It is recommended that parents should also look for a carrier that will spread the seat from baby's knee, to baby’s other knee. This will support baby in an optimal position for healthy hip development. (This image from the International Hip Dysplasia Institute shows why this is important; As babies get bigger and older, around 6 months or so, parents may find it more comfortable to wear them on their back, since our backs are designed to carry weight better than our fronts. Choosing a carrier that offers a variety of positions (front, back and hip, for instance) from newborn to toddler sized can be a thrifty way to future proof your babywearing family.

Some people like SSCs (soft structured carriers) which include the Beco, Boba 3G, Ergo or Manduca. These all offer various carries (front, back and sometimes hip) and give great support with waist belts and adjustable shoulder straps. Some of these carriers allow for the straps to be crossed in the back which many people find very comfortable. They can generally be used from early infanthood into toddlerhood and sometimes up to 45lbs worth of kid! (To put that into perspective my 5 1/2 year old is only just 40lbs!)
A mei tai (MT) (Babyhawk, Freehand and Chimparoo Mei Tai) carrier is an asian style carrier which is basically a rectangle of cloth with straps at each corner. Most ergonomic SSCs are based on the MT design but with buckles instead of tied straps. MTs can be uncomfortable after baby hits a certain weight since the waist straps are generally unpadded and so don’t spread the weight as nicely as a padded waist belt will allow. There are some products on the market (like the Babywearing Support Belt by CatBirdBaby; that extend the user life of the MT by creating a padding for the waist straps.
Alternatively a parent could opt for a woven wrap converted into a MT (WCMT) which sometimes can include a padded waist and padded or half padded/half wrap straps. This kind of carrier can be expensive since the cost includes the cost of the woven wrap and the cost of the conversion. The result of the expense is, however, a supremely comfortable and often unique custom carrier that will usually sell preloved for as much, and sometimes more, as it cost to purchase. There is a list of conversion companies in an earlier blog post;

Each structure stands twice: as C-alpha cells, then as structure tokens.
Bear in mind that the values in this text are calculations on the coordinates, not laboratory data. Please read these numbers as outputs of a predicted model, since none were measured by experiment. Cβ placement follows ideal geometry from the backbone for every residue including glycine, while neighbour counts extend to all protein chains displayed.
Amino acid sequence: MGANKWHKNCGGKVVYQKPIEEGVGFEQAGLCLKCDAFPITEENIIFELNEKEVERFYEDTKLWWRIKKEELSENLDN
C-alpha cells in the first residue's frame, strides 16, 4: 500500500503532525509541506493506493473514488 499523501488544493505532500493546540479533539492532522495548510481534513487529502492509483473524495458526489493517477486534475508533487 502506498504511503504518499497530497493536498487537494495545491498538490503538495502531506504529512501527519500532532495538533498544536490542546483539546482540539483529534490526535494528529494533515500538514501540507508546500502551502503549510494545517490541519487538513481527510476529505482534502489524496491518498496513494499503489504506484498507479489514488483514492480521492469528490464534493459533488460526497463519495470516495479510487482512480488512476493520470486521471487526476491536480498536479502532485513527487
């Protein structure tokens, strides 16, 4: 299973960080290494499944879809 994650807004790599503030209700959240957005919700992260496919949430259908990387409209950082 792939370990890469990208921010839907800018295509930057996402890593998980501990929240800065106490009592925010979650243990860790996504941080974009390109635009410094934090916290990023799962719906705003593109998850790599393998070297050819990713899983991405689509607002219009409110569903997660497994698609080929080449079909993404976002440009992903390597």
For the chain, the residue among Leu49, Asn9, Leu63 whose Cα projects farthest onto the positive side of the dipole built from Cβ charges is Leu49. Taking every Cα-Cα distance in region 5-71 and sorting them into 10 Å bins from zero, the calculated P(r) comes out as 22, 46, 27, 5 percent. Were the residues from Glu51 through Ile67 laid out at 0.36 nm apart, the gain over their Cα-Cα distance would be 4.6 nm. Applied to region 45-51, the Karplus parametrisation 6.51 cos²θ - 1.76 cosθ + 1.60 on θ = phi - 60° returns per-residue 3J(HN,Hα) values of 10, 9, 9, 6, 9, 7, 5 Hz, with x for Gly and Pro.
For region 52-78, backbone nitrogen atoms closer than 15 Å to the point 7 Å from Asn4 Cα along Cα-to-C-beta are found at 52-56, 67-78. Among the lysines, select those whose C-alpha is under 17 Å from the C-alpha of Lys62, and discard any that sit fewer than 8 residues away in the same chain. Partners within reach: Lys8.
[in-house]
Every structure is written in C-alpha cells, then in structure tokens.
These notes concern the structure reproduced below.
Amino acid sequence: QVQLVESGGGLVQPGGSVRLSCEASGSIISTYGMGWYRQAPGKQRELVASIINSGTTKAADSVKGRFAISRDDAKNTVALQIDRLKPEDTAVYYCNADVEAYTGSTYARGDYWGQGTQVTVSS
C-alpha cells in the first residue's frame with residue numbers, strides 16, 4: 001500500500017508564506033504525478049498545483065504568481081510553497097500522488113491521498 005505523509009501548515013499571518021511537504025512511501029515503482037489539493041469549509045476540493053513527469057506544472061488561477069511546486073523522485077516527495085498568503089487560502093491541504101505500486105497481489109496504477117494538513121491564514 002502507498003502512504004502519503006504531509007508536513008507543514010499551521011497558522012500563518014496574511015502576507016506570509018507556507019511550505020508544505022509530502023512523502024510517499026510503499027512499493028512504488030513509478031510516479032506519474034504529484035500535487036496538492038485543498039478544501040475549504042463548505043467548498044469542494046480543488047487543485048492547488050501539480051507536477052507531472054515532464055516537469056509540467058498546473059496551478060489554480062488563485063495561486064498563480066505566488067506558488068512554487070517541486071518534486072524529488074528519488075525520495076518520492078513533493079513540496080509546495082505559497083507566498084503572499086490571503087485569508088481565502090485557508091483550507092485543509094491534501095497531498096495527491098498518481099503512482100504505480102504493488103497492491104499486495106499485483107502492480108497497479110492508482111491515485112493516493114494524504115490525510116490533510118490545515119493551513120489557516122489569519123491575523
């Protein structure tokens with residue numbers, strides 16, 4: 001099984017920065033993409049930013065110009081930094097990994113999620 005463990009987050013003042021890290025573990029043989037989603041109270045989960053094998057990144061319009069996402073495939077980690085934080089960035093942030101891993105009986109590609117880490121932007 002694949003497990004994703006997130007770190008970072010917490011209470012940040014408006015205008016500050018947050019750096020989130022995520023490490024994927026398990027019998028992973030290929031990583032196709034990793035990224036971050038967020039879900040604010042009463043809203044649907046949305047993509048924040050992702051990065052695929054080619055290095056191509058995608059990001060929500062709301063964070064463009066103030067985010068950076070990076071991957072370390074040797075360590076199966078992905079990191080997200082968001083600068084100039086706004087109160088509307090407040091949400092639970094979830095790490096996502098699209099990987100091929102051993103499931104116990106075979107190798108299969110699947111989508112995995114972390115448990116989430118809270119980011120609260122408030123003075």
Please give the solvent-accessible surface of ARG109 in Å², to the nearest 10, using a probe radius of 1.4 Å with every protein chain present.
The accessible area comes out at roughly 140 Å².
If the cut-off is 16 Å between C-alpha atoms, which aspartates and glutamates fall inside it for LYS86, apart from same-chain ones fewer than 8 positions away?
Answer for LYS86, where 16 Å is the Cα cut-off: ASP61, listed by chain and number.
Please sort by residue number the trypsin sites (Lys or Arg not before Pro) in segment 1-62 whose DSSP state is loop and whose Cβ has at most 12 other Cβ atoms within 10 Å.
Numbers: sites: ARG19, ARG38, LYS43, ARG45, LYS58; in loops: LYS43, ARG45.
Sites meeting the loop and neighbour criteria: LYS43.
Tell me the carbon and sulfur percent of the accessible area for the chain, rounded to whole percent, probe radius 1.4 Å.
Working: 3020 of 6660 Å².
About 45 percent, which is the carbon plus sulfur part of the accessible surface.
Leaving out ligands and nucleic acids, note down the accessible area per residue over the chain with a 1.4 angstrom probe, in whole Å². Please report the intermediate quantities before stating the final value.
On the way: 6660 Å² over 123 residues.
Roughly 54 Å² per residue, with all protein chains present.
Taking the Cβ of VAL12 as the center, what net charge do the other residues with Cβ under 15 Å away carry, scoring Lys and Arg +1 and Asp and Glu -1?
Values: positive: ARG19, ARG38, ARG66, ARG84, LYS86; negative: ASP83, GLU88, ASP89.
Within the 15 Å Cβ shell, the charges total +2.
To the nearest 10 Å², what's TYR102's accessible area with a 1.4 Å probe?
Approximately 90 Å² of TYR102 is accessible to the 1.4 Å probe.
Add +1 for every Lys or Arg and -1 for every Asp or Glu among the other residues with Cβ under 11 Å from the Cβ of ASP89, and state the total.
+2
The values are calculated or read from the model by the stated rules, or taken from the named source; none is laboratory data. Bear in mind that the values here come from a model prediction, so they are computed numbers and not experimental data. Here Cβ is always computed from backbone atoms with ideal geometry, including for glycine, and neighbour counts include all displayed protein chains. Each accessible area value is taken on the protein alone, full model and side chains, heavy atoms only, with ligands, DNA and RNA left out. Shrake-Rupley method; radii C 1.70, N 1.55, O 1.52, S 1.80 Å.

Other people prefer woven wraps (WW)which are probably at the other end of the spectrum of babywearing (while SSCs are more common place and pretty easy to use WWs have a higher learning curve and can be rather intimidating to a newbie babywearer). WWs are basically a length of woven fabric which can be used to tie a baby to the wearer. There are many many ways to wrap a baby with a WW and this is great as the varieties of carries can offer different supports based on the wearers specific needs (ie I have hip issues so I can use my WW so that there is less pressure on my hips and when my hips feel good I can use it to protect my shoulders or any other part of my torso, if needed!) There are many websites and clips on YouTube that show how to use a WW in all its ways. Here’s a link to one of my favourite online resources for WWs; You will also find many useful links for WWs, and other carriers, in our COTW posts.

My favourite type of carrier for a newborn has to be a stretchy wrap (SW) like the Boba Wrap (formerly known as the Sleepy Wrap) or Moby Wrap. These are usually made from 100% jersey knitted cotton, although the Boba Wrap has a 5% spandex content which adds to its elasticity. SWs are lovely to use for newborns as they create the womb outside the womb which is so crucial especially for a newborns early days. With a SW there is a limit to the positions in which you can carry a baby and a SW should never be used for a back carry since the stretch can cause a baby to flip off your back! (This clip shows how this can happen;

Ring Slings (RS) can be great to just pop baby in and out when going to the grocery store or making multiple errands. RSs are adjustable and allow for a few different positions including front, hip and back although the front and hip positions are most common for this carrier. RSs are also great as you can easily slip it into a diaper bag; they can be a favourite carrier to use when traveling as they store easily in a carry on bag.